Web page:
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Bordered by Thailand, Myanmar, China and Vietnam, northern Laos comprises a mountainous landscape of jungle shrouded in fog. For centuries the ridges protected the region from both invasion and outside influence. The medieval Lao capital of Luang Prabang might as well be in another universe; it takes more than seven hours of driving on bumpy country roads to reach this city of magnificent temples and old royal palaces. Today, the high plateaus are home to hill tribes that practice small-scale agriculture using traditional methods, but their role in the fragrance and flavor industry is profound.
The northern regions of Luang Prabang, Phongsali, Houaphan and Oudomxay supply the bulk of the benzoin used in the perfume and flavor manufacture. Benzoin (FEMA# 2132, CAS# 119-53-9) is a balsamic resin obtained from the genus Styrax. The Laotian resin, tapped from Styrax tonkinensis, is considered to be of the highest quality, given its unique blend of vanilla, cinnamon and almond facets. In perfumery, benzoin can be found all over the fragrance wheel, from citrus colognes to orientals. Classics like Chanel Égoïste and Guerlain Shalimar rely on its velvety accent, while the addictive richness of this balsamic note is important for the caramel and chocolate flavors in ice creams and pastries.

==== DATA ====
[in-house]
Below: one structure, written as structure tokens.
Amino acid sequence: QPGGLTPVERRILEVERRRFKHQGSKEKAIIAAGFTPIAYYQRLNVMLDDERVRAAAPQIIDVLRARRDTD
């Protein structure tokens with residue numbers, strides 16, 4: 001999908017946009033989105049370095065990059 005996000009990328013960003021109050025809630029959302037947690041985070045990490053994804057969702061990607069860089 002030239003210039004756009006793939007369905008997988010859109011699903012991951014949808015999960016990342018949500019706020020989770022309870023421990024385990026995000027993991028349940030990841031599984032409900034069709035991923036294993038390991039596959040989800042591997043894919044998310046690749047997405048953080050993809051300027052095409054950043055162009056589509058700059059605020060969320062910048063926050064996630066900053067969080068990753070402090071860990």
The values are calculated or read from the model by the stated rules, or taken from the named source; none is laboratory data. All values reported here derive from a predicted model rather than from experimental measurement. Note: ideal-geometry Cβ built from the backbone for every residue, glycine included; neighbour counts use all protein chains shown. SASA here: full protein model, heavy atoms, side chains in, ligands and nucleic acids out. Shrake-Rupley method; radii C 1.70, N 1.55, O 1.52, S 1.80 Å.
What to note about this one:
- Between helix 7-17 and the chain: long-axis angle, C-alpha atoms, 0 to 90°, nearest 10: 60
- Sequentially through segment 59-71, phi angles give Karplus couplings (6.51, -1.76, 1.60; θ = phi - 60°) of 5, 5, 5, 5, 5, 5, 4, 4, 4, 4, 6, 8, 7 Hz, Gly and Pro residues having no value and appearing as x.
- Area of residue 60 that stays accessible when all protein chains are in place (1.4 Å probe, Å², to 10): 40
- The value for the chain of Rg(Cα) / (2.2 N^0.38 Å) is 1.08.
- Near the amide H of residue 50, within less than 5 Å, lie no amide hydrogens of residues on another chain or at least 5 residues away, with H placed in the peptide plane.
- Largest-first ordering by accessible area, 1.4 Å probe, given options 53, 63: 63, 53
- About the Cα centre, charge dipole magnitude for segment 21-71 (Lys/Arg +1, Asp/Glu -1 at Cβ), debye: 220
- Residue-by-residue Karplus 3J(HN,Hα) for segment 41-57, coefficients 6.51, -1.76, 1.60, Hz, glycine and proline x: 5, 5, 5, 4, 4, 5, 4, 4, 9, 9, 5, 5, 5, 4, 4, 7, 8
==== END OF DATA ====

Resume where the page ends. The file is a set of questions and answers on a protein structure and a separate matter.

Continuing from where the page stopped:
About 200 wild-cropped botanicals used by the fragrance and flavor industry face a precarious supply chain.
This is only an excerpt of the full article that appeared in P&F Magazine. The full content is not currently available online.